The necessity of restraint in post-Islamic State Iraq
When al-Qaeda in Iraq, the predecessor to the Islamic State group, blew up the Shia al-Askari mosque in Samarra in February 2006, they sparked a wave of indiscriminate revenge attacks by Iraq's Shia majority against the country's Sunni minority.
Ayatollah Ali al-Sistani, the most senior Shia cleric in Iraq, called upon the country's Shia not to retaliate against their Sunni neighbours, shrewdly calculating that this was exactly the response al-Qaeda sought. His call for restraint went largely unheeded and the situation spiralled out of control, plunging Iraq into horrific sectarian violence and bloodletting which has scarred the country ever since.
This month, the Iraqi state finally recaptured the city of Mosul from IS, arguably the most vicious and dangerous Islamist group to terrorise Iraq and its people to date. Any Iraqi desire to take revenge against the largely defeated group which, in an extremely cruel and systematic fashion, massacred Iraqis of all denominations is certainly understandable.
Video footage has already emerged showing Iraqi soldiers engaged in beatings and extrajudicial killings of suspected IS members they had taken prisoner.
|Revenge is an act which you want to commit when you are powerless and because you are powerless: as soon as the sense of impotence is removed, the desire evaporates also|
George Orwell wrote a thought-provoking article about the sourness of revenge after witnessing a young Jew kicking a German prisoner of war on a visit to Germany shortly after its defeat in the Second World War. While he believed it "absurd to blame any German or Austrian Jew for getting his own back on the Nazis" he nevertheless saw a certain futility in the act.
"What this scene, and much else that I saw in Germany, brought home to me was that the whole idea of revenge and punishment is a childish daydream," Orwell recounted. "Properly speaking, there is no such thing as revenge. Revenge is an act which you want to commit when you are powerless and because you are powerless: as soon as the sense of impotence is removed, the desire evaporates also."
Kanan Makiya, an Iraqi dissent who assiduously chronicled the cruelty and crimes of the Saddam Hussein regime, once said that the day the Iraqi tyrant was hanged was "one of the worst days of my life".
"It was a disaster, an unmitigated disaster," he recalled. "I was just so upset, even on the verge of tears. It was the antithesis of everything I had been working for and hoping for."
Saddam was charged and executed for the massacre of more than a hundred civilians in the Shia-majority town of Dujail near Baghdad in 1982 following an assassination - a heinous crime but a small one compared to the long list of other atrocities he committed.
Instead of a more comprehensive trial charging him for all of his crimes against humanity, Saddam ended up almost looking like the victim by standing stoically as the hangman's noose was placed around his neck. Or as Makiya put it, the entire trial and execution was so poorly handled that it "actually succeeded in making Saddam look good in the eyes of the Arab world".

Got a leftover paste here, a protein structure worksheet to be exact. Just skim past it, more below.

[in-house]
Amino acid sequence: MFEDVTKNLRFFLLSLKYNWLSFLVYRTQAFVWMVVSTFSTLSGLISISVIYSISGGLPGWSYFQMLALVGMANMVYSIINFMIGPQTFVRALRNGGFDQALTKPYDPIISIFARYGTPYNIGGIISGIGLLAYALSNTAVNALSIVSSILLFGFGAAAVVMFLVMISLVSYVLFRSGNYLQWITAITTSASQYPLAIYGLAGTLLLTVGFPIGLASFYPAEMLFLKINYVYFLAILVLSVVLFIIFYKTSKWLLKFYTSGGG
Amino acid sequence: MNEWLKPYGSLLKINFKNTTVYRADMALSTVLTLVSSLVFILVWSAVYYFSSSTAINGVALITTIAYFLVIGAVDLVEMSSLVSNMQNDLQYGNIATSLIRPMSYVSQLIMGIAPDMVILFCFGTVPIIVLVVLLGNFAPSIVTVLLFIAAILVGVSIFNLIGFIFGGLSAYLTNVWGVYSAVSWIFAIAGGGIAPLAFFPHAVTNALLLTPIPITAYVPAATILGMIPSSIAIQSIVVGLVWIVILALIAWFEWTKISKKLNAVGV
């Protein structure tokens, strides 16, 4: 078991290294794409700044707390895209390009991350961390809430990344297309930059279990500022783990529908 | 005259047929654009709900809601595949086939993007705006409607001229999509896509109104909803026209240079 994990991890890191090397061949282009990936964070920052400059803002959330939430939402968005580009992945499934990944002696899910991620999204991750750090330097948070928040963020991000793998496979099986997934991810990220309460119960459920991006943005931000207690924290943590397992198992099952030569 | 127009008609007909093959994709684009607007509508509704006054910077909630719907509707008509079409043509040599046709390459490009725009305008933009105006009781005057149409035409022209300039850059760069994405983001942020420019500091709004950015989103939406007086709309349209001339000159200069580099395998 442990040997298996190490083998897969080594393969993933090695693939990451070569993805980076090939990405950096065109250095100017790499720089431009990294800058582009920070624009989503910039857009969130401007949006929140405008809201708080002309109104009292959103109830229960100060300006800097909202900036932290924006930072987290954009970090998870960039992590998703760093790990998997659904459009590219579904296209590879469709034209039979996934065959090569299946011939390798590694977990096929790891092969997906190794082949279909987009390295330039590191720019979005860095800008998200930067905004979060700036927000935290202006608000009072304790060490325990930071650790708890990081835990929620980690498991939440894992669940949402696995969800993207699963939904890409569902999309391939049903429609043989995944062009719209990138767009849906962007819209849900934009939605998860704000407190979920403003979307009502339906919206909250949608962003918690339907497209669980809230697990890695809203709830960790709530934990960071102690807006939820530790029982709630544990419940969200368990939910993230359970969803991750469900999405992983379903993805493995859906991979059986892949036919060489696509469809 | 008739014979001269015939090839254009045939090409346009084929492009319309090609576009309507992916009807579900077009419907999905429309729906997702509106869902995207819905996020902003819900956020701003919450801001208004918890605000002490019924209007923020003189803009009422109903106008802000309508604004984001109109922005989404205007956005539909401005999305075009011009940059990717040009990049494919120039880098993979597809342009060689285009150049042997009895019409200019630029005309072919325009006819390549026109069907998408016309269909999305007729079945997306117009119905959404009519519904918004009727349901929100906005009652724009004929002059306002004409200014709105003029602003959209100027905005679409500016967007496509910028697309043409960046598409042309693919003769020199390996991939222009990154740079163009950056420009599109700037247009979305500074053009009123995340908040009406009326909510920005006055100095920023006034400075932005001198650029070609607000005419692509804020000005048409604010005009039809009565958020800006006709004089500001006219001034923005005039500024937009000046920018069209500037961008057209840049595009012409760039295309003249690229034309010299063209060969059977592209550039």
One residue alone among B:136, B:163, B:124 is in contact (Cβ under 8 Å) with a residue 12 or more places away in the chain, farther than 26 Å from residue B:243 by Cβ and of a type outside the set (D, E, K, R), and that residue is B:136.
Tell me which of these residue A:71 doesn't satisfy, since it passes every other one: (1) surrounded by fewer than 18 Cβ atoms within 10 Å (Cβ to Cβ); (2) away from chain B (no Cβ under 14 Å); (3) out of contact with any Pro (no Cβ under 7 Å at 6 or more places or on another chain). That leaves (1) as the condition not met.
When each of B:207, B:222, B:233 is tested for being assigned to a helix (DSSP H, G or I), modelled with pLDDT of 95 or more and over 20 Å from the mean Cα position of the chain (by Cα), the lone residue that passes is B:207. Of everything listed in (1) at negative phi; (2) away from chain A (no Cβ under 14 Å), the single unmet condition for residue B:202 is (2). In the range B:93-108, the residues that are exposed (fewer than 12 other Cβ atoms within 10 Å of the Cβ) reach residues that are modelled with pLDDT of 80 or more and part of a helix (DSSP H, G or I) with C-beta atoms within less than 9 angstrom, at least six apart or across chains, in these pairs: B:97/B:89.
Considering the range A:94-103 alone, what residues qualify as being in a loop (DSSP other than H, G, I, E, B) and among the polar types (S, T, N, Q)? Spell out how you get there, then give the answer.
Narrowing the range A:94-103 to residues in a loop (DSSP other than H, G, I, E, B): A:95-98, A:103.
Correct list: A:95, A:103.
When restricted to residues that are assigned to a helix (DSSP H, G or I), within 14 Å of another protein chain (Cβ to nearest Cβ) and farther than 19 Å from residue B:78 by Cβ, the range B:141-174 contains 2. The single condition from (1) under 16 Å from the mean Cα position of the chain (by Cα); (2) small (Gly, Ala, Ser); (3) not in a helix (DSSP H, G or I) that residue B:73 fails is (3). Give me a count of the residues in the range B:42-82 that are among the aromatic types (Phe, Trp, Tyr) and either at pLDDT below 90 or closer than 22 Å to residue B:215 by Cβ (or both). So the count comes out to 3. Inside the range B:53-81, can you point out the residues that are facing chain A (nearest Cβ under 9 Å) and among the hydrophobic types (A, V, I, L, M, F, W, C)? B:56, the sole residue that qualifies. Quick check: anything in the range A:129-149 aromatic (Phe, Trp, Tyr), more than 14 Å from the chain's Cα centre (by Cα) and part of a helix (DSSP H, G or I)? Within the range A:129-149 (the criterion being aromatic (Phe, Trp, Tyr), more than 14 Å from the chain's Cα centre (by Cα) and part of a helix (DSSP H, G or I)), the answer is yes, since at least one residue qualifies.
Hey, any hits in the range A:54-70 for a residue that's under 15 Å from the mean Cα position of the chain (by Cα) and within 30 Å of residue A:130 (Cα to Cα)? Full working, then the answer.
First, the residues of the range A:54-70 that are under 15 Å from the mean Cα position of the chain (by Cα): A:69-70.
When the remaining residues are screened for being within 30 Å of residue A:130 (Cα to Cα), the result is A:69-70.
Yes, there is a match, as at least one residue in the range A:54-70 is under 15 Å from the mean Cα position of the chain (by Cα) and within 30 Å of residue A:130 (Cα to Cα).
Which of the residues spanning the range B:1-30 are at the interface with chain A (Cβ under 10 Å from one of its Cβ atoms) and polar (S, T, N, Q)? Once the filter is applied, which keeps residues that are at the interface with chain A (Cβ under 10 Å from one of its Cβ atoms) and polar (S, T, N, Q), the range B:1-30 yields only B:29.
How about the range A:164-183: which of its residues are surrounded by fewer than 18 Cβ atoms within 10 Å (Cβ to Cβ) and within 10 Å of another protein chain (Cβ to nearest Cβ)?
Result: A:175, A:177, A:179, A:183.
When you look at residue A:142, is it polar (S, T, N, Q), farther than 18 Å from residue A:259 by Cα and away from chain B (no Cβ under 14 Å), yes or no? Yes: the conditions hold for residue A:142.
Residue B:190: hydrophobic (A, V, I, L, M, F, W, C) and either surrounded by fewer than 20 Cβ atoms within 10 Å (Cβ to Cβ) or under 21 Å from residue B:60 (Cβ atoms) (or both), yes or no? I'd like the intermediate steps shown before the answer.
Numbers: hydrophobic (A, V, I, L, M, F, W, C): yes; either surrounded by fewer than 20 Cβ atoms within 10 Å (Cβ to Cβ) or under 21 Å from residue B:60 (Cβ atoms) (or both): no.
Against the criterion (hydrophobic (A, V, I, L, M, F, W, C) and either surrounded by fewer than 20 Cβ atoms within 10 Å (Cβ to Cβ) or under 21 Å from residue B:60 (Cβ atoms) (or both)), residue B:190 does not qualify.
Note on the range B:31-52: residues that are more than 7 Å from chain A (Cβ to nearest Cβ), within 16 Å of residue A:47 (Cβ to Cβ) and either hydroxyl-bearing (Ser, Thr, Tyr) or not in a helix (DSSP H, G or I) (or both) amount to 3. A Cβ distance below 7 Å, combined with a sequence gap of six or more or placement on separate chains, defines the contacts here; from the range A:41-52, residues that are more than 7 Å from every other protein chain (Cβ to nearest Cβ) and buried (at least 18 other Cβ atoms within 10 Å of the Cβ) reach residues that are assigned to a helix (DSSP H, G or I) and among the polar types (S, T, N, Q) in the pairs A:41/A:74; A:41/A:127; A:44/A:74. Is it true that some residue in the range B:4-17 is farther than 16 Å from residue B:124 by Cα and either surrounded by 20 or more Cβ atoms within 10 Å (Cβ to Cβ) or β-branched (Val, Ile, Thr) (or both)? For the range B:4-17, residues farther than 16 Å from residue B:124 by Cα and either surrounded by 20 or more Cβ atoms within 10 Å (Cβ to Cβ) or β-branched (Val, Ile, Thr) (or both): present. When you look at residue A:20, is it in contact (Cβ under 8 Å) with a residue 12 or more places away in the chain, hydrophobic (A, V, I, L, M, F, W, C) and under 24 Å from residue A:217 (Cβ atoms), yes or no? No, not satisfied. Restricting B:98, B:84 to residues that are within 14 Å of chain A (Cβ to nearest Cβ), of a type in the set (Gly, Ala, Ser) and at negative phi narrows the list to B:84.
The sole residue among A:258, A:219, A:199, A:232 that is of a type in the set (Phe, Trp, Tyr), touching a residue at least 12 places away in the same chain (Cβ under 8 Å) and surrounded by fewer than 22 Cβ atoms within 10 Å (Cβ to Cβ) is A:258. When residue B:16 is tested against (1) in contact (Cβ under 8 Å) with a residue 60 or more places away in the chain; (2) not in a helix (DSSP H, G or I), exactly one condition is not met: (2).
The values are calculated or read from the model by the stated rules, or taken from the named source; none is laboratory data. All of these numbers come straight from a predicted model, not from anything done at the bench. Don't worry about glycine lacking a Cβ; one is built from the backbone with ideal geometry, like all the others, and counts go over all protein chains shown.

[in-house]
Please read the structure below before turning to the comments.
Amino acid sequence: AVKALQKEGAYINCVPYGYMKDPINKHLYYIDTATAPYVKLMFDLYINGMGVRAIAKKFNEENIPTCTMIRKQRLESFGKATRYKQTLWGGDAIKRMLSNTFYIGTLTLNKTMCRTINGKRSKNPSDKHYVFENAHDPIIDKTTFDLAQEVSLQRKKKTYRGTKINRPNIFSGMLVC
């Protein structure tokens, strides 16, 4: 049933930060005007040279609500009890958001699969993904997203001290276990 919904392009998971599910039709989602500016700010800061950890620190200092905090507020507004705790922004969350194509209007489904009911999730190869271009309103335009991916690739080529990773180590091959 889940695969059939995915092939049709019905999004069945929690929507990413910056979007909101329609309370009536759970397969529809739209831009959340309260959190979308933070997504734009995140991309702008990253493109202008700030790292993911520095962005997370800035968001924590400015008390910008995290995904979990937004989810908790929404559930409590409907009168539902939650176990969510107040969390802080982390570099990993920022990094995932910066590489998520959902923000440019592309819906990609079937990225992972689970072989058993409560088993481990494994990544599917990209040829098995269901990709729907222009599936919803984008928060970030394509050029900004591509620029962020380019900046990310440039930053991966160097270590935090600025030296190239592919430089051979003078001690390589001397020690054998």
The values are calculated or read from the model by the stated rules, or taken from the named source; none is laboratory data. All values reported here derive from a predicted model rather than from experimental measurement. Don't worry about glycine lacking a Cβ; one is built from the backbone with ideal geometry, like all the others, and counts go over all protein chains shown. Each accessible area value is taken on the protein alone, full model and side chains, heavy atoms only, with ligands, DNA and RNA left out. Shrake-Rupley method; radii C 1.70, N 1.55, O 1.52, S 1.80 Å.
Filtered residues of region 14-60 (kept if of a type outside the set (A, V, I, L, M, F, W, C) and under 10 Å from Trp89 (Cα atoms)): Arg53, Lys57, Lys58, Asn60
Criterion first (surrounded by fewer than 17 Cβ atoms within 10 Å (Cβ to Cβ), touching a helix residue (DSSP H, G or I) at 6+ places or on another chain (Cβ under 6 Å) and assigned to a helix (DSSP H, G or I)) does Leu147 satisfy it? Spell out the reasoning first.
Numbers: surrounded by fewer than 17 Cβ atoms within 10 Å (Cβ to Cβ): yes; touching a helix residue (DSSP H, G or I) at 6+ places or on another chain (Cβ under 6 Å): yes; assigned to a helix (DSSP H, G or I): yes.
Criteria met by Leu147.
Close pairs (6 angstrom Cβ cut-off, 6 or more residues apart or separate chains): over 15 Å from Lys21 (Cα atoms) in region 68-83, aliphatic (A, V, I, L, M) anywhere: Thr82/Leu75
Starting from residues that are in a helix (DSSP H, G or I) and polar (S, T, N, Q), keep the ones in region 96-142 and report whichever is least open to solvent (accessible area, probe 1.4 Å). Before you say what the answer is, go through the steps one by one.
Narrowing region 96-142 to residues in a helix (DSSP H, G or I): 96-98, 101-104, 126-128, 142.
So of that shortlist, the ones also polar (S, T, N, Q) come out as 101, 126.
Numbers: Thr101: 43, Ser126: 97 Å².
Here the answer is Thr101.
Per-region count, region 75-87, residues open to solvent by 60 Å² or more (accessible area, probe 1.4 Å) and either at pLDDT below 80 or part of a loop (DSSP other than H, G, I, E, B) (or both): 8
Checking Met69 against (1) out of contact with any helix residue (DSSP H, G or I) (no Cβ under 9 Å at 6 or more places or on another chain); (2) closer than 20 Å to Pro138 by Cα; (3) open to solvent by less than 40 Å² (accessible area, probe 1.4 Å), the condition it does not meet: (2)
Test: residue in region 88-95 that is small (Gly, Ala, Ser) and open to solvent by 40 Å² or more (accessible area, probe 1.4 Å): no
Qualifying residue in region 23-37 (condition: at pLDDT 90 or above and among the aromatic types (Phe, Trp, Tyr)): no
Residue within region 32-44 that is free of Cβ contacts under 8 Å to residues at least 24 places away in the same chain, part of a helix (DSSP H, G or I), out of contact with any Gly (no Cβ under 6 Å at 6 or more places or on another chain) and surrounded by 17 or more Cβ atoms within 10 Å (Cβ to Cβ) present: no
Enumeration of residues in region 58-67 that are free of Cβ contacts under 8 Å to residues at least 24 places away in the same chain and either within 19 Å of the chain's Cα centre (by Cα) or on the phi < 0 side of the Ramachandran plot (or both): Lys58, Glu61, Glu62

Saddam's trial aptly demonstrates how a quixotic attempt at revenge ended up eliminating any chance that real justice could have been served to his countless victims. Surely it is a lesson Baghdad should heed when dealing with captured IS members today.
|Iraq and its people have to be scrupulous when it comes to dealing with the fate of those suspected of collaborating with IS|
Iraqi Prime Minister Haider al-Abadi is clearly cognizant of the dangers of broad retribution. He expressed opposition to the expulsion of the militant's families and relatives from the country's Nineveh Province, but was ignored by local tribal officials.
Sweeping revenge attacks and summary executions of suspected IS members - including those who were coerced to cooperate with the group, or had done so out of sheer necessity rather than any ideological affinities - could end up widening the divisions and fissures in Iraqi society that IS masterfully exploited to capture Mosul and other swathes of Iraqi territory in the first place.
Consequently, Iraq and its people have to be scrupulous when it comes to dealing with the fate of those suspected of collaborating with IS. Suspects should be convicted in accordance to the proven extent, intention and nature of their collaboration with the group: for example, were they technocrats or torturers?
Such criteria will enable Iraq to solidify its success against IS on the battlefield and salt the earth from which this hideous and poisonous weed grew.
Paul Iddon is a freelance journalist based in Erbil, Iraqi Kurdistan, who writes about Middle East affairs.
Follow him on Twitter: @pauliddon
Opinions expressed in this article remain those of the author and do not necessarily represent those of The New Arab.